FIG. 5 is a schematic diagram that illustrates an example of a password fraud detection module and associated data stores in accordance with at least one embodiment. It should be noted that while multiple modules are described in the example password fraud detection module 432, the processes and methods described herein can be performed by more or less modules within memory such as memory 418 described above. In addition, while the modules 500-506 included in password fraud detection module 432 are displayed and described as distinct modules, in some embodiments they may be included within one another to further facilitate methods and systems described herein. In accordance with at least one embodiment, the password fraud detection module 432 may include a frequency of use module 500, a communication module 502, an authentication module 504, and an account parameter module 506 in communication with one or more data stores 508 and 510 (which may be an example of the one or more data stores 430 from FIG. 4).

In accordance with at least one embodiment, the frequency of use module 500 may be configured to determine and maintain frequency of use information for passwords associated with a plurality of accounts that utilize the password fraud detection service as described herein. The frequency of use module 500 may keep a running tally or scoreboard of frequency of use information for passwords that are being set by a user for accounts associated with the password fraud detection feature. The frequency of use module 500 may maintain and update the frequency of use information for passwords within a data store, such as the data store 508 separate from a data store for the actual password-account information stored in data store 510. The separation of the data stores (e.g., storing different information on different storage devices) strengthens the security of the protected password data store 510 as the password fraud detection feature described herein may not need to crack or transform the hashes or protected state of the password-account information stored in data store 510 in order to determine the frequency of use information for passwords associated with the accounts.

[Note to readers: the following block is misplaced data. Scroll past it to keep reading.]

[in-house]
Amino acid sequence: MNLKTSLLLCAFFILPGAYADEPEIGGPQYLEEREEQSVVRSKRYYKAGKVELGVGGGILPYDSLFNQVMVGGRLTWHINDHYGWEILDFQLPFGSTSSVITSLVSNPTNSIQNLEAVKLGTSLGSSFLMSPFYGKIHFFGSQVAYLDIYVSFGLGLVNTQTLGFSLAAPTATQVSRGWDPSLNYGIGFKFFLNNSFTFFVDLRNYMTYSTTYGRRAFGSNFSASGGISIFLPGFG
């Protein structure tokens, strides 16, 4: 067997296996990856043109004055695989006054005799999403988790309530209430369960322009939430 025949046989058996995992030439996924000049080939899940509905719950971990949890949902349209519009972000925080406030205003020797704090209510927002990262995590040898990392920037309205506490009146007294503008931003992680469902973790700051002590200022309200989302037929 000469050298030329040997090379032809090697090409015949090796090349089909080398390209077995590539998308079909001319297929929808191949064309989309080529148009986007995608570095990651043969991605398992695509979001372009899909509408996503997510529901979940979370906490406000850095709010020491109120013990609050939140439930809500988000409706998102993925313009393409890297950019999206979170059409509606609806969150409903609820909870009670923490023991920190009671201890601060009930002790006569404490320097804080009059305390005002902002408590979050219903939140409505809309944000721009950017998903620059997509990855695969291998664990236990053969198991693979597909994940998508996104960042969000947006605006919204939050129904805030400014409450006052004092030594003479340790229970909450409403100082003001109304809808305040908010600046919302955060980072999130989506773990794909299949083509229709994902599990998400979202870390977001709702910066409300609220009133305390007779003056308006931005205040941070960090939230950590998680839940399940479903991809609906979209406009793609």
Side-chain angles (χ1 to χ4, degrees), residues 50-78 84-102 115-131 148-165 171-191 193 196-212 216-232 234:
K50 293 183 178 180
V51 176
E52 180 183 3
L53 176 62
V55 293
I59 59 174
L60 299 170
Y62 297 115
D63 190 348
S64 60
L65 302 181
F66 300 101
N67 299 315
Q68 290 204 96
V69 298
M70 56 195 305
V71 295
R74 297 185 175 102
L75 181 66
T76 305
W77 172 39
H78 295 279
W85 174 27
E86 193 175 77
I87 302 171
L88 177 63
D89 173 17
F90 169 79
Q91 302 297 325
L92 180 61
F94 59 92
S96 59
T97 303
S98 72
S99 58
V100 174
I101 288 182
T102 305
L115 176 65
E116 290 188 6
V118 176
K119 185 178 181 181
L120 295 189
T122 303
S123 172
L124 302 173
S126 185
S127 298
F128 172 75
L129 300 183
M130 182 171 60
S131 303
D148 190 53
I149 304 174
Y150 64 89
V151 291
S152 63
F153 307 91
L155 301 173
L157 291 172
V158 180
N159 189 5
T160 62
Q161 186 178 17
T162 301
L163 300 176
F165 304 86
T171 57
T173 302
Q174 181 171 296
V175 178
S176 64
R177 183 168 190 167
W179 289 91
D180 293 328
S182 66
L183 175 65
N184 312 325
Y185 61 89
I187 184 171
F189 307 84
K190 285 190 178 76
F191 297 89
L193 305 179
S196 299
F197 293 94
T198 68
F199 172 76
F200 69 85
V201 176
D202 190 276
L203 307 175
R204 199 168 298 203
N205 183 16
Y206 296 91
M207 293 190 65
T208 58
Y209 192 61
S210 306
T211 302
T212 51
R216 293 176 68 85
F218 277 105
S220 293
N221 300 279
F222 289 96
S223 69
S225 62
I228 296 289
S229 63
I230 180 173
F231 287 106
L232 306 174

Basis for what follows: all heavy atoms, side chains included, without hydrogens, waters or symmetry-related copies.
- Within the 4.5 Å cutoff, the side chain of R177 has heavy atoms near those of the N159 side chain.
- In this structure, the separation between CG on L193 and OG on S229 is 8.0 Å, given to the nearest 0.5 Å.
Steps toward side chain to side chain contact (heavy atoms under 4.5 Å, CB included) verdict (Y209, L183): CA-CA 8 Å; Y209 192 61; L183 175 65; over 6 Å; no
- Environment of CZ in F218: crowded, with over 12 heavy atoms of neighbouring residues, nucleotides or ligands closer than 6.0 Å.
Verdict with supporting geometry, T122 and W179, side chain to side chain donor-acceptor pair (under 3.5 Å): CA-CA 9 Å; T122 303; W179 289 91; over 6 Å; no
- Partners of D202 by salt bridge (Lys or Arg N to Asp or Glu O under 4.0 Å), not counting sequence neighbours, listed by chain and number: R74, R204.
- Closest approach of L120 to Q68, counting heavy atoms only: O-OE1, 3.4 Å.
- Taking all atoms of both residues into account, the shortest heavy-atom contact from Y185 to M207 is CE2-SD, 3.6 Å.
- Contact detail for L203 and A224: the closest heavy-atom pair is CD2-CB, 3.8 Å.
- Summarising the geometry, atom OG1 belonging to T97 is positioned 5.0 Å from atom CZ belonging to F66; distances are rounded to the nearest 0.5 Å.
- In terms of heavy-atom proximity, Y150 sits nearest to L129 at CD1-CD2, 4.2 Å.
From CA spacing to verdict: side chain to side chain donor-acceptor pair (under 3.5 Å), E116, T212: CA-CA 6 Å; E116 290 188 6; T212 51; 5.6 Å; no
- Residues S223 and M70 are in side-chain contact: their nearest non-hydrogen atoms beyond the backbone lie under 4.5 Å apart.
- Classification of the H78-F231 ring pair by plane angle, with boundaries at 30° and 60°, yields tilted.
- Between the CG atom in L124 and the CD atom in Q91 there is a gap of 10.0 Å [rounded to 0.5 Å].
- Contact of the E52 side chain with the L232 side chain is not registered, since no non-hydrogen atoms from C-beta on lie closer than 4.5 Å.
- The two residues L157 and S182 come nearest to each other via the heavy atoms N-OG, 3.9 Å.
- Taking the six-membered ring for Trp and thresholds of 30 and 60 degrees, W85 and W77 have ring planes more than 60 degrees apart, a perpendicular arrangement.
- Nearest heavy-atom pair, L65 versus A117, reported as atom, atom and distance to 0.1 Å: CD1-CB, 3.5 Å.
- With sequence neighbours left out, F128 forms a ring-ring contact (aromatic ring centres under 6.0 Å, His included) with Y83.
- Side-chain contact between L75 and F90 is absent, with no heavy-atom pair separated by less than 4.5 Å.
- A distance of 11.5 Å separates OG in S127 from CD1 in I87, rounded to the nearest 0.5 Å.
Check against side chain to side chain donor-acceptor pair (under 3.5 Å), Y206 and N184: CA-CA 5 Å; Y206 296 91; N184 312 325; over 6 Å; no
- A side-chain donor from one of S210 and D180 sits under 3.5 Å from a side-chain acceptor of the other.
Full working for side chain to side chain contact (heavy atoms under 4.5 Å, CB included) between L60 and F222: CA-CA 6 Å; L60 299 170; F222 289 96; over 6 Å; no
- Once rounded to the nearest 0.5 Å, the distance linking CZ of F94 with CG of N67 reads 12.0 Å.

In accordance with at least one embodiment, the frequency of use module 500 may be configured to dynamically determine a subset of passwords for comparison to the password included in the set request for an account. For example, if the password fraud detection feature is determining whether to flag an account as being potentially compromised, the subset of passwords utilized for comparison to the password in question may need to be more inclusive depending on the information gained by accessing the account associated with the password in question, or based on the nature of the online activity or web service attached to the account. This may capture more false positives (password set requests from users that coincidentally pick a password with abnormally increased frequency of use) but ensures a higher security standard for more sensitive information by lowering the threshold required before an account is marked as potentially compromised. If a larger subset is utilized for comparison to the password included in the set request than more accounts may be marked as potentially compromised as do the odds of capturing coincidental changes to a password as opposed to password set requests that are originated by a malicious actor thus maintain a higher security standard. The larger subsets may be utilized for more sensitive information such as payment or shipping information. The opposite may be true as well. For example, the subset utilized for comparison may be less inclusive (for example, a subset of three or fewer passwords based on the frequency of use information) when dealing with a service or account that does not protect as sensitive information such as contact information or user preferences. The frequency of use module 500 may be configured to determine the subset utilized in comparison for determining whether to mark an account as potentially being compromised using any of the above mentioned methods in any combination. Further, the size of the subset to utilize for comparison may be specified by receiving input from an administrator associated with the password fraud detection feature/service.